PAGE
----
Canada has the highest proportion of immigrants since 1931, just before the Great Depression hit, according to a Statistics Canada report released Tuesday on the 2001 census.
Some two million new immigrants made their home in Canada in the past 10 years. The report also says Canada had four times as many visible minorities in the 1990s as in the 1980s.
- 18.4 per cent of Canada's population (5.4 million) were born outside Canada;
- 9.4 per cent of immigrants who came to Canada in the 1990s can't speak or understand French or English;
- 73 per cent of immigrants who came to Canada in the 1990s live in Toronto, Vancouver or Montreal, with only only six per cent choosing to live in areas outside of major urban centres;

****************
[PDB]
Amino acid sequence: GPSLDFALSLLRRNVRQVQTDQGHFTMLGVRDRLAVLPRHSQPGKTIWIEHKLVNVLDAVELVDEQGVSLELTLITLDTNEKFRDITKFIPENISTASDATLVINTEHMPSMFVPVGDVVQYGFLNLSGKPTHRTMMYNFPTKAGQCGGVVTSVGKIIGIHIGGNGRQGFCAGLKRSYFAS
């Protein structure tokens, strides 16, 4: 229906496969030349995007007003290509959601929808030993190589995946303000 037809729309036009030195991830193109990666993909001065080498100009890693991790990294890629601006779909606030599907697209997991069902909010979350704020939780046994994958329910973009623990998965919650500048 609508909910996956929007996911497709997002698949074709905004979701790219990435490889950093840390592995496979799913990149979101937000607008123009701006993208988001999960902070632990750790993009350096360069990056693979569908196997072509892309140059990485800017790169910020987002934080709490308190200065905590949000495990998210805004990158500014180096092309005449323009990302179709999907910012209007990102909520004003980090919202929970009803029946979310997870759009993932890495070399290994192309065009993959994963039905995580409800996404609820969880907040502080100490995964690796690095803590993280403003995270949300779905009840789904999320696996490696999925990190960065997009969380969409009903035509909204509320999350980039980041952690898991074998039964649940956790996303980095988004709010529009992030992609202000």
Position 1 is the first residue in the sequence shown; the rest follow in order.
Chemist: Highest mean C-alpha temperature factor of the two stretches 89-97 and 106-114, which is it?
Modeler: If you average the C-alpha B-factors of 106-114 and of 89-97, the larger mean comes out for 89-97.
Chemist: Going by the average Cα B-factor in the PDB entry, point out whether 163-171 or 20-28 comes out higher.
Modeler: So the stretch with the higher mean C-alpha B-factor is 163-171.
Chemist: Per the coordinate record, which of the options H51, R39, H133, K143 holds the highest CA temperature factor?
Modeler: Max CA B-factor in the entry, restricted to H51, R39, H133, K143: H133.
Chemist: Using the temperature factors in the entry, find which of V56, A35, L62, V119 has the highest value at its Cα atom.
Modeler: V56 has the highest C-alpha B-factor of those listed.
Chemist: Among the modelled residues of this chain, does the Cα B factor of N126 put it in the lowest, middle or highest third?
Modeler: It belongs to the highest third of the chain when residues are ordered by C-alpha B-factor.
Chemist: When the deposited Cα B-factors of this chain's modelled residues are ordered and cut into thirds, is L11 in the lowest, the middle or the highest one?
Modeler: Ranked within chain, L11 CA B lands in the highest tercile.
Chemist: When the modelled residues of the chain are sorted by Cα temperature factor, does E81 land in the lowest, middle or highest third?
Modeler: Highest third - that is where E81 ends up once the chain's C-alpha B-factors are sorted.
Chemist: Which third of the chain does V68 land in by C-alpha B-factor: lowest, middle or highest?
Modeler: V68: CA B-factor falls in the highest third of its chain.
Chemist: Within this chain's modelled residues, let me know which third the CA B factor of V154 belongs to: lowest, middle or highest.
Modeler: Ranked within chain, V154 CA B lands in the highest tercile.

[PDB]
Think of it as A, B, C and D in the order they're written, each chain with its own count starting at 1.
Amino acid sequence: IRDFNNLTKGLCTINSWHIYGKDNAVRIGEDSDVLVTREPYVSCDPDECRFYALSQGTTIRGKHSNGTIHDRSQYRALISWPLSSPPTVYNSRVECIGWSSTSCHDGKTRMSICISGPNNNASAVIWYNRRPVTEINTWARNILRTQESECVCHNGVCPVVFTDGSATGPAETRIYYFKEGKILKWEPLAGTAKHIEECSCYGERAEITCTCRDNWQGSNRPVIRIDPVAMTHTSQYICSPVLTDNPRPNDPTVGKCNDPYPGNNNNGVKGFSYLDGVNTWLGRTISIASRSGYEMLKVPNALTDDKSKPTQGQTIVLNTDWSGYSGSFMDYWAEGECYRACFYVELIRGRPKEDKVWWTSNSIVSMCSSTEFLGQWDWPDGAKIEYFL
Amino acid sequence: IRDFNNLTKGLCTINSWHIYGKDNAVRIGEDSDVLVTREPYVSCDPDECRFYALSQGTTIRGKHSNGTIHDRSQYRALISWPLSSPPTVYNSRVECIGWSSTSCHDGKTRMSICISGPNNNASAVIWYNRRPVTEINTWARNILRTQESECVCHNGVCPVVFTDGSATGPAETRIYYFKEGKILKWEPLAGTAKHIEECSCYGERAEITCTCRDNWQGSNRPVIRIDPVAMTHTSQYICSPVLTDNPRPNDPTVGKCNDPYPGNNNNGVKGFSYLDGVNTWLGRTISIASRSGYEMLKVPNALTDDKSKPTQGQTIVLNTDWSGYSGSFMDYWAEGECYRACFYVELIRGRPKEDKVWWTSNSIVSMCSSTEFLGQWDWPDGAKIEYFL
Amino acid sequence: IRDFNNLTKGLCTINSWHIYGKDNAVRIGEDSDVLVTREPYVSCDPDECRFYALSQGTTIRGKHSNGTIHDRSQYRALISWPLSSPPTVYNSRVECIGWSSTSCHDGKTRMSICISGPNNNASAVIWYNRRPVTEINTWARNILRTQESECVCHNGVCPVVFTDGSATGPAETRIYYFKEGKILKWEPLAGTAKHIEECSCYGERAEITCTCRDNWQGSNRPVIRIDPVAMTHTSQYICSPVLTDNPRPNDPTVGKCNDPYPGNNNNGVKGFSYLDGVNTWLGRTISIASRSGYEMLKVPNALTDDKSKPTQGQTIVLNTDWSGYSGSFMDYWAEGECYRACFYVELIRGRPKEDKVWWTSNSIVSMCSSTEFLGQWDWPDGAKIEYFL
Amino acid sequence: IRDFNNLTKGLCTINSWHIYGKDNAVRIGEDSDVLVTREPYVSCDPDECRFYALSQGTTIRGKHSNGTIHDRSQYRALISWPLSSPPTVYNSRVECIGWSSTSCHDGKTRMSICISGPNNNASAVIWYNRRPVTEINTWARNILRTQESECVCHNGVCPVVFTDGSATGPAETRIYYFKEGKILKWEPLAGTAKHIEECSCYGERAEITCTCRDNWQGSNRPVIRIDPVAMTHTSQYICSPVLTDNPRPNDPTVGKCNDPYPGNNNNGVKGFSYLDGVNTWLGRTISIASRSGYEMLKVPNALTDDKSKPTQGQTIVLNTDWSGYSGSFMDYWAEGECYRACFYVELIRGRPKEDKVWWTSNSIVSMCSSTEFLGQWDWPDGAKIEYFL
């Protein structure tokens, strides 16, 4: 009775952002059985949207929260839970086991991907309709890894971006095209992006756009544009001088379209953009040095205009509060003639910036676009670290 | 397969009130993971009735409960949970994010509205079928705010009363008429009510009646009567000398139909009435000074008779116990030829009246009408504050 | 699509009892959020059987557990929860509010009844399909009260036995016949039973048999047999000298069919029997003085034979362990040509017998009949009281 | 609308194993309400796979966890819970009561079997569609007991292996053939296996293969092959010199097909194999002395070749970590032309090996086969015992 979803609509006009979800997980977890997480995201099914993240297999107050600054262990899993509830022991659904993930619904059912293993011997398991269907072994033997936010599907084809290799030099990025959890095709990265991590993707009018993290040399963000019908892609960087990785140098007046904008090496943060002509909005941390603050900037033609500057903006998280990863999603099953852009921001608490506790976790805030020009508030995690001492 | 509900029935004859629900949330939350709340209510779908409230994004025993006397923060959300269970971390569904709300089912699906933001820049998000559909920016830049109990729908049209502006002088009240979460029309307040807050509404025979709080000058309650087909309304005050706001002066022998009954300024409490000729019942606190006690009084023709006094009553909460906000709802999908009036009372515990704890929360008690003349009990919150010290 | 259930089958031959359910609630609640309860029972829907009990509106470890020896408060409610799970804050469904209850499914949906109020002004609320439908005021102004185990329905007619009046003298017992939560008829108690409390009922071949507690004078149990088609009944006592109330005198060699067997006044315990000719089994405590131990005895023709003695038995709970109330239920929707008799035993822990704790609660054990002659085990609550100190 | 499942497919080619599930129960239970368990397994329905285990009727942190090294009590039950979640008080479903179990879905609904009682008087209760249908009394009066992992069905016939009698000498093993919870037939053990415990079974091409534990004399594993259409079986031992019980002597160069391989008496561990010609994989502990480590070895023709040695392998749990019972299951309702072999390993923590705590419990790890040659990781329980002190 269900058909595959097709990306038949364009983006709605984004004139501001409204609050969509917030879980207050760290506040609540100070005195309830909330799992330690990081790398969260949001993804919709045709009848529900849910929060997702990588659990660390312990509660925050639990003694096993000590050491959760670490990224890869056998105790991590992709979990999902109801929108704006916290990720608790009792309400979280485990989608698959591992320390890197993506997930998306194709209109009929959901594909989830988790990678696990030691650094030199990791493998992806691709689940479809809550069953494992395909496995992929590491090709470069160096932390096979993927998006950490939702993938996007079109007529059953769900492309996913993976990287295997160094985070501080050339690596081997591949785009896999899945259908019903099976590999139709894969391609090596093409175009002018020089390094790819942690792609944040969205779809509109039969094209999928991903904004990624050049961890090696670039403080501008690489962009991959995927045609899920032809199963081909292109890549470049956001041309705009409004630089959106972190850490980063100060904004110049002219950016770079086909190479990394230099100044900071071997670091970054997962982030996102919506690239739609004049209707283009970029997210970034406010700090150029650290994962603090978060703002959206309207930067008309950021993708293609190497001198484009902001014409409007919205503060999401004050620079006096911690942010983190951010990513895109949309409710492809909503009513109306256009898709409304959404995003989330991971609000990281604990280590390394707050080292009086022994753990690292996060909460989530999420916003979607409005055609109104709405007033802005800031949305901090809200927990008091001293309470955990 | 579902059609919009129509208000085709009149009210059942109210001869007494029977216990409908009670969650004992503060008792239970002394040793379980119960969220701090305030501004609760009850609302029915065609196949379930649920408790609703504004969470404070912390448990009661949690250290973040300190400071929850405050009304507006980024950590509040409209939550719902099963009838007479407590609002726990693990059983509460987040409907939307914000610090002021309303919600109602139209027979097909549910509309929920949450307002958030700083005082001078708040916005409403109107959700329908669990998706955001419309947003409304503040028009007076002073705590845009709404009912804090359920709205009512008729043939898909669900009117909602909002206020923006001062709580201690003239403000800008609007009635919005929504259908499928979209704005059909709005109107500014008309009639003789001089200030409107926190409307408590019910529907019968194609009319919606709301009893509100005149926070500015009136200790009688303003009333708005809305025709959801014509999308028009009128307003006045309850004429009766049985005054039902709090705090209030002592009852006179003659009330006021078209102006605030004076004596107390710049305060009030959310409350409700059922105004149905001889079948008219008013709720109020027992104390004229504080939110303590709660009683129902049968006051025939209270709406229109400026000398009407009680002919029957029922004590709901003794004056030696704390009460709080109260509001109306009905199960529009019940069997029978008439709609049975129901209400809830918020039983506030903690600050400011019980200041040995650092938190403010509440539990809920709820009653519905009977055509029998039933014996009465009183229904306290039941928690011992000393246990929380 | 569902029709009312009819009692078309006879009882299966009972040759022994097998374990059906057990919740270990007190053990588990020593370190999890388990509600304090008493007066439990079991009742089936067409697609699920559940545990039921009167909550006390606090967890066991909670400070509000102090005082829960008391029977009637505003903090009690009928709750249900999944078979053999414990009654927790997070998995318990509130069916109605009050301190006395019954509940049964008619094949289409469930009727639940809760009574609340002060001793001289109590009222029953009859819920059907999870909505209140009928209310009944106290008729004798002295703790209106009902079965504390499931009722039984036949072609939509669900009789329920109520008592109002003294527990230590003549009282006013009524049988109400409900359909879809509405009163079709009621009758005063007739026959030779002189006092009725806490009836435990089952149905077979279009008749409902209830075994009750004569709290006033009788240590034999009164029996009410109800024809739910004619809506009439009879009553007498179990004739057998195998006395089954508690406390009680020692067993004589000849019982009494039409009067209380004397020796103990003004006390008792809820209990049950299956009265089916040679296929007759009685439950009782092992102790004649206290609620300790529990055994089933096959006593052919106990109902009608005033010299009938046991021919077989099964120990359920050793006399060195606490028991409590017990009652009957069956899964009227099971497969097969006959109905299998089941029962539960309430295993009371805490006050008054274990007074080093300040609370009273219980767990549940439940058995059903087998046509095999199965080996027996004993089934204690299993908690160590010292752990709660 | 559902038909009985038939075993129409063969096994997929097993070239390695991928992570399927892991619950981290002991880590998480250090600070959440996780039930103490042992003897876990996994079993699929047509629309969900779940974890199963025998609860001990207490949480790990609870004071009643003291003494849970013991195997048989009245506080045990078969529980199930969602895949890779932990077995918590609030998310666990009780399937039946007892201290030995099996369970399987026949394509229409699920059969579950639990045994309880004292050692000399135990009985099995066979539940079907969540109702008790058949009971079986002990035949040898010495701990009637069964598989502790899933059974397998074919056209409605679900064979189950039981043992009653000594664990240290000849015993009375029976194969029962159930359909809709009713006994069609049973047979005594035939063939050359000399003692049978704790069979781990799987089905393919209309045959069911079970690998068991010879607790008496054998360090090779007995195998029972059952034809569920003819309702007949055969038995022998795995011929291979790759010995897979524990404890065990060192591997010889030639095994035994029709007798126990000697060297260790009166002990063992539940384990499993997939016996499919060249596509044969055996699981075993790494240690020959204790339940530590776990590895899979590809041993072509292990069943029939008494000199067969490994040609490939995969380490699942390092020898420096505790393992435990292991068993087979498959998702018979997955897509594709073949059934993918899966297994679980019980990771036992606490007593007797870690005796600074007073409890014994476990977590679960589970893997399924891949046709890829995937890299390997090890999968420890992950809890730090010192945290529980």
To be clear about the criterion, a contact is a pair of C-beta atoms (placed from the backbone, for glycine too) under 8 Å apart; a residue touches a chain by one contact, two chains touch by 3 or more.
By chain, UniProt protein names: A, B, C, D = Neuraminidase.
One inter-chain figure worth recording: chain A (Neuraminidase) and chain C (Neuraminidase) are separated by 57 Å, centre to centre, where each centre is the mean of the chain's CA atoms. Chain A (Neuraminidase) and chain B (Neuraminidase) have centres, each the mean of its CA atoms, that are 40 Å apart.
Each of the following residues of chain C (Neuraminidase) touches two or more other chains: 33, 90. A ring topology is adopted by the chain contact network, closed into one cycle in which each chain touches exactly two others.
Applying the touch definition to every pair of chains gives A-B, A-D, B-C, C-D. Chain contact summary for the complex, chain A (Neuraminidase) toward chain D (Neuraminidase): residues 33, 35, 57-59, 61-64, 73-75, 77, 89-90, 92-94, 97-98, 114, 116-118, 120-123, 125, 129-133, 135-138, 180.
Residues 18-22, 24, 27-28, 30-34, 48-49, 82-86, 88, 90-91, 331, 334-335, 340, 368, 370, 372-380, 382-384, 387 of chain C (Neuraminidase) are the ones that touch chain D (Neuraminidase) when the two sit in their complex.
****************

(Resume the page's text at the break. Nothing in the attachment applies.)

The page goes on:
- Of 1.8 million immigrants who arrived between 1991-2001, 58 per cent were from Asia, 20 per cent from Europe, 11 per cent from the Caribbean, Central and South America, eight per cent from Africa and three per cent from the United States;
- Chinese was the largest visible minority group, then South Asian (3.0 per cent), black (2.2 per cent), Filipino (1.0) and Arab-West Asian (1.0);
- Canadians reported more than 200 different ethnic origins in the 2001 census.